The chapters are organized as follows: In the “Theoretical basis and research hypothesis” section, we reviewed the theory of emotional labor and presented our research model; in the “Hypothesis testing” section, we empirically tested the hypotheses through three studies; and in the “Discussion” section, we discussed the findings and gave theoretical contributions and practical insights.
Theoretical Basis and Research Hypothesis
Emotional Labor Theory
Hochschild (1983) first proposed the concept of emotional labor, describing the process in which service providers manage their own emotional expressions to create emotional states that meet the requirements of the organization. For example, a flight attendant should be smiling and helpful, a nurse should be sympathetic, and a funeral master should be careful to be serious and solemn (Ashforth and Humphrey, 1993; Gardner and Avolio, 1998; Grandey, 2003; Shapoval, 2019). In the process of emotional labor, surface acting and deep acting are the two strategies commonly adopted by service providers. The former refers to meet the requirements of emotional expression by suppressing real emotions (Katz-Navon et al., 2019). The latter refers to create the desired emotional state by adjusting the potential emotional state actively (Diefendorff et al., 2005; Chi and Grandey, 2019).
Research on emotional labor mostly discusses the relationship between staff and customers in the traditional frontline service industry, such as tourism, hospitality, and banking industry (Grandey and Melloy, 2017; Choi et al., 2019; Lechner and Paul, 2019). A few studies have examined the issue of emotional labor among members within organizations (Bhave and Glomb, 2013; Becker et al., 2017; Deng et al., 2020; Gabriel et al., 2020). With the development of the online service industry, the attention to emotional labor is gradually shifting from offline to online.
This study measures the emotional labor of network anchors from the perspective of user perception. The reasons are as follows: Emotional labor is a two-way interactive process. The perception of the recipient of the service is equally important (Grandey and Melloy, 2017). Groth et al. (2009) proposed that the difference between surface acting and deep acting is reflected not only in the cognitive adjustment process of the service provider but also in the recognition of emotions by the recipient of the service. Liu et al. (2019) explained the inconsistency in the perception of both parties in the process of emotional labor. The study suggested by Gong et al. (2020) further supports these views. Therefore, the emotional labor could be reported by the service recipient and the service provider. In other words, in our study, the users evaluate the emotional labor of the network anchors, and it is more objective and reasonable in terms of effective measurement. In this study, emotional labor is defined as the emotional effort perceived by users through observing the external performance of the network anchors (e.g., expression, voice, and movement).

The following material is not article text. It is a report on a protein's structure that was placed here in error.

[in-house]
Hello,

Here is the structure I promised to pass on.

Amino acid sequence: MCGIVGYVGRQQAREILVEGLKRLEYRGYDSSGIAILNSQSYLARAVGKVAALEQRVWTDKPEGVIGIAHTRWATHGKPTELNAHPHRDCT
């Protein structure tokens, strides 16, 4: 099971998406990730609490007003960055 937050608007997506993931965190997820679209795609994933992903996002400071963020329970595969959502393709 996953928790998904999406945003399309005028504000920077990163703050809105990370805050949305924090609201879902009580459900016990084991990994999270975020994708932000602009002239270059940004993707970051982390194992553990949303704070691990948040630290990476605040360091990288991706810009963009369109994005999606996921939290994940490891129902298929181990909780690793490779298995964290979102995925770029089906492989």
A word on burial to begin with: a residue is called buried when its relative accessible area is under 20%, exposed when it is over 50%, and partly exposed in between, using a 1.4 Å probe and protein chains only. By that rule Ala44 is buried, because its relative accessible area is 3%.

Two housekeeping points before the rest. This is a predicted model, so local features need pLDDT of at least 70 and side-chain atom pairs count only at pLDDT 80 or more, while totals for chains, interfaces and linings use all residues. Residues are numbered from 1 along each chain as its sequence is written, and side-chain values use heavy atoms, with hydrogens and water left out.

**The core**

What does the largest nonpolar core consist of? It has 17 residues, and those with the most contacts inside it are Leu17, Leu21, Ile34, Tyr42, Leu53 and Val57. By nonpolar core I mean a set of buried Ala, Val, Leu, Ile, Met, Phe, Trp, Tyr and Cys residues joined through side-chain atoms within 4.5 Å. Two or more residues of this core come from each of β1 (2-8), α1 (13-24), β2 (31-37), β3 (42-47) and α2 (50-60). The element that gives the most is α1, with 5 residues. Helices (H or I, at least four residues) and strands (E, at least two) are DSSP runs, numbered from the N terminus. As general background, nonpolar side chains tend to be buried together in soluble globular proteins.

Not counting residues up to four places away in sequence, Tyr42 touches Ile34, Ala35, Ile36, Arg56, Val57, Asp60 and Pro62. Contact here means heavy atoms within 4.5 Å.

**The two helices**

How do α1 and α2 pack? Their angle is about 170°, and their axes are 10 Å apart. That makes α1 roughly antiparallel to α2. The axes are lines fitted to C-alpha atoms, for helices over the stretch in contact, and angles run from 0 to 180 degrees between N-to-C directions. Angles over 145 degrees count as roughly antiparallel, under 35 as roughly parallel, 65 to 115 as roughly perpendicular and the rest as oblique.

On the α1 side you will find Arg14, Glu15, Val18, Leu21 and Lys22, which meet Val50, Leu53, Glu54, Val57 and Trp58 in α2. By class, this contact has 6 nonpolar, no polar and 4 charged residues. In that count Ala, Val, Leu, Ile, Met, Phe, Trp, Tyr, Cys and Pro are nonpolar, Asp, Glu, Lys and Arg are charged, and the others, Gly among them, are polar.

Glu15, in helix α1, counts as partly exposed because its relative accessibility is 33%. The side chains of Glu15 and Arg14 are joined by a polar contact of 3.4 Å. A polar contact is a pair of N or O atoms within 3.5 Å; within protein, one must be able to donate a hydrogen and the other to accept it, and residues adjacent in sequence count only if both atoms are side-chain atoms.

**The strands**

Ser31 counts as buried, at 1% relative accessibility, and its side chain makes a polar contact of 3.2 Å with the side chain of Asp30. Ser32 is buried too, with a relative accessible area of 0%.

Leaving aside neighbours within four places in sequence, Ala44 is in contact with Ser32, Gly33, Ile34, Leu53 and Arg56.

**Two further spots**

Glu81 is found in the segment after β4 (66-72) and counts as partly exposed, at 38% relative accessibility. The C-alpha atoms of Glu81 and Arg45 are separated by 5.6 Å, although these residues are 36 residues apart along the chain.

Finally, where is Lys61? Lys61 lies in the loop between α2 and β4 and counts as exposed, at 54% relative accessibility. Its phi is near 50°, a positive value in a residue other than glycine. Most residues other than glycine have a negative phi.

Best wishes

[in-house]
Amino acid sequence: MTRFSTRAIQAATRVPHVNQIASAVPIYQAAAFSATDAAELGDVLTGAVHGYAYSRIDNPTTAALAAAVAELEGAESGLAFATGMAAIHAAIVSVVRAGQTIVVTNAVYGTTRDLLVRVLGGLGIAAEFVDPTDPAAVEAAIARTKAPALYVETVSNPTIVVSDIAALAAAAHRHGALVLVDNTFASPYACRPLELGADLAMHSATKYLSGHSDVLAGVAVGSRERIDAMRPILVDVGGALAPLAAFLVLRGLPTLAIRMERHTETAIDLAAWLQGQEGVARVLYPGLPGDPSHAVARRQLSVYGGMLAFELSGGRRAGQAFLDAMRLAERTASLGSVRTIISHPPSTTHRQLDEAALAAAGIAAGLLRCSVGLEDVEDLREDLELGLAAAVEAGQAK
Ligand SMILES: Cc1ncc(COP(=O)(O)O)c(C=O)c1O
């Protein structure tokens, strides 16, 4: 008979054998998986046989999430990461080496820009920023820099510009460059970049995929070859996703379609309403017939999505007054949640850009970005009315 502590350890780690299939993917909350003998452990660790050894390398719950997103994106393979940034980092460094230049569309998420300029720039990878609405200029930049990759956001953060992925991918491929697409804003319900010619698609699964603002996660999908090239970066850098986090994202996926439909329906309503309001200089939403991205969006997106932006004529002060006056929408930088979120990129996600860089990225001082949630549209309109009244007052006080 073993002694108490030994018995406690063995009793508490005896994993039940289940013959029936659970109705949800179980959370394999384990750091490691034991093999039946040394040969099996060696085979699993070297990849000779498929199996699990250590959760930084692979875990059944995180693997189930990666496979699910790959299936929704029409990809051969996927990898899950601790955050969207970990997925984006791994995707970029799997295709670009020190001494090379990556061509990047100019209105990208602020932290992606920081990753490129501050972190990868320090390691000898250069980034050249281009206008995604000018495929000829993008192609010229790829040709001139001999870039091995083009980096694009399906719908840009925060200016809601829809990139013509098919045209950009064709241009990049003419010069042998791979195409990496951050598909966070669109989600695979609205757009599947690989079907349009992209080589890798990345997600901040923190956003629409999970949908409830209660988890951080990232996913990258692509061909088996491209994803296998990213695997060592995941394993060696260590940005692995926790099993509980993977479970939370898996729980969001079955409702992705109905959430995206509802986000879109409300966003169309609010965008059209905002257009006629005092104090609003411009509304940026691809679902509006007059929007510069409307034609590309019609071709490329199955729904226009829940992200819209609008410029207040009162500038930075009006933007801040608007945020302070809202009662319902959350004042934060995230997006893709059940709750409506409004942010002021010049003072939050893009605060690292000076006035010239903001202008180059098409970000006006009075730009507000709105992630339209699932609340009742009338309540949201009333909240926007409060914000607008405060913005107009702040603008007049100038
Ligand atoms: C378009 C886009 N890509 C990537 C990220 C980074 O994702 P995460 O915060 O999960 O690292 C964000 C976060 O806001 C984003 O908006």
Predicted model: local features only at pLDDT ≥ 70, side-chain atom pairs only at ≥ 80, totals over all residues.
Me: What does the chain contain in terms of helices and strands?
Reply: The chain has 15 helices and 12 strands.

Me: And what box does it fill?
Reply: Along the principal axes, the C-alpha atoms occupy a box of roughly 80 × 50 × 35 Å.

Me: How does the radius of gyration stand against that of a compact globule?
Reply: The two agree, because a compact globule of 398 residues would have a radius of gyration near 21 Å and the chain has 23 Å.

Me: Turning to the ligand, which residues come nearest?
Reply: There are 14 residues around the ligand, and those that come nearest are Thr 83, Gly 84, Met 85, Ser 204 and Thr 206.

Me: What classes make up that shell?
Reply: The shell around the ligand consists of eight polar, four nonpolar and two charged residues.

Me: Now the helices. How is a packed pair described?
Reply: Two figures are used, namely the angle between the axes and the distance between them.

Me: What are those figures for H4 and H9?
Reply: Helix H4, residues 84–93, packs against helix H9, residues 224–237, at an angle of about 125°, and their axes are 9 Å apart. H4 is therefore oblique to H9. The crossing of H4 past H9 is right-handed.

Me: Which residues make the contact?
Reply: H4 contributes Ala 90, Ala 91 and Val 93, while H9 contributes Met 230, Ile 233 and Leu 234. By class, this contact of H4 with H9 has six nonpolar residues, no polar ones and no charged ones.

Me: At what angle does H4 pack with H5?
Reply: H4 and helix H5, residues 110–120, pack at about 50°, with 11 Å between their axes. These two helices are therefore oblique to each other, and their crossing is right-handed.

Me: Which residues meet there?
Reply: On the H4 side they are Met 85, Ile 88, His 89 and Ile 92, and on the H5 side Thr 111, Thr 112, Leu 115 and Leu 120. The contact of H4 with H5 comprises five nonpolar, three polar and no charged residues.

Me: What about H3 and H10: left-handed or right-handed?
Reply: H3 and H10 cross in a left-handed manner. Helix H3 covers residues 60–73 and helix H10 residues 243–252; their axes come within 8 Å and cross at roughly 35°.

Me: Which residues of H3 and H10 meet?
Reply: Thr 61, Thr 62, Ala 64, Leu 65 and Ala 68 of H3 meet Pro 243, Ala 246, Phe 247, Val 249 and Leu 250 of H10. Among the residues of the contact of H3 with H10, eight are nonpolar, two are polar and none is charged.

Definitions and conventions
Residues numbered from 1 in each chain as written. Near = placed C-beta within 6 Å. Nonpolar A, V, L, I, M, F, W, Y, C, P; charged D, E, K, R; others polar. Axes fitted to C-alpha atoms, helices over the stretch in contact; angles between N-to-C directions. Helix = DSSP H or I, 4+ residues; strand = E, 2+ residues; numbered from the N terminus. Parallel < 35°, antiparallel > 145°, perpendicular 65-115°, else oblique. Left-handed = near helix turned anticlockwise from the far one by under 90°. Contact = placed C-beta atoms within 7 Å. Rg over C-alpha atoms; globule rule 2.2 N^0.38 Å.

In summary, this study improves the research related to emotional labor in the following two aspects. On the one hand, it further enriches the application of emotional labor theory in the context of online services and provides an empirical basis for research related to emotional labor in the context of livestreaming services (Mardon et al., 2018). On the other hand, although some researchers have called for the academic community to pay attention to the perception of service recipients in the process of emotional labor, however, such studies are still insufficient (Groth et al., 2009; Liu et al., 2019; Gong et al., 2020). This study examines how the emotional labor of network anchors affects user stickiness from the perspective of user perception.
Perceived Emotional Labor and User Stickiness
User stickiness is an important indicator of the performance of online services (Rong et al., 2019). Li et al. (2006) defined user stickiness as the willingness of users to visit a website regularly and for a long period of time. Yan et al. (2020) regarded user stickiness as cognitive and affective, which made users use a specific item of service repeatedly.
Hsu et al. (2020) proposed that the motives of users for choosing livestreaming services include information acquisition, sociality, and entertainment needs and that users have stronger sociality and entertainment needs compared with information acquisition needs. Meng et al. (2020) found that the realization of hedonic value is more likely to increase the loyalty of users to livestreaming services. Users will stay longer if the emotional labor of the network anchor can satisfy the hedonic value (Holman et al., 2002; Jin and Oriaku, 2013; Zhang et al., 2017). Specifically, the network anchor shows the desired emotional state of the user with infectious words and physical expressions through the bullet–screen interaction, thus attracting users to keep watching. Zhang et al. (2017) examined that perceived enthusiasm can influence the formation of user stickiness through the mediating role of hedonic value. When the emotional labor is perceived, users feel delighted and generate positive emotions and perceptions. A high-intensity attachment relationship between network anchors and users was established through a process of positive emotional infection. In other words, the emotional labor of network anchor can satisfy the need of the user for an emotional experience. According to the self-determination theory, in order to continuously acquire this emotional need and hedonic value, users will extend the time of watching the live broadcast. Thus, the hypothesis is proposed as follows: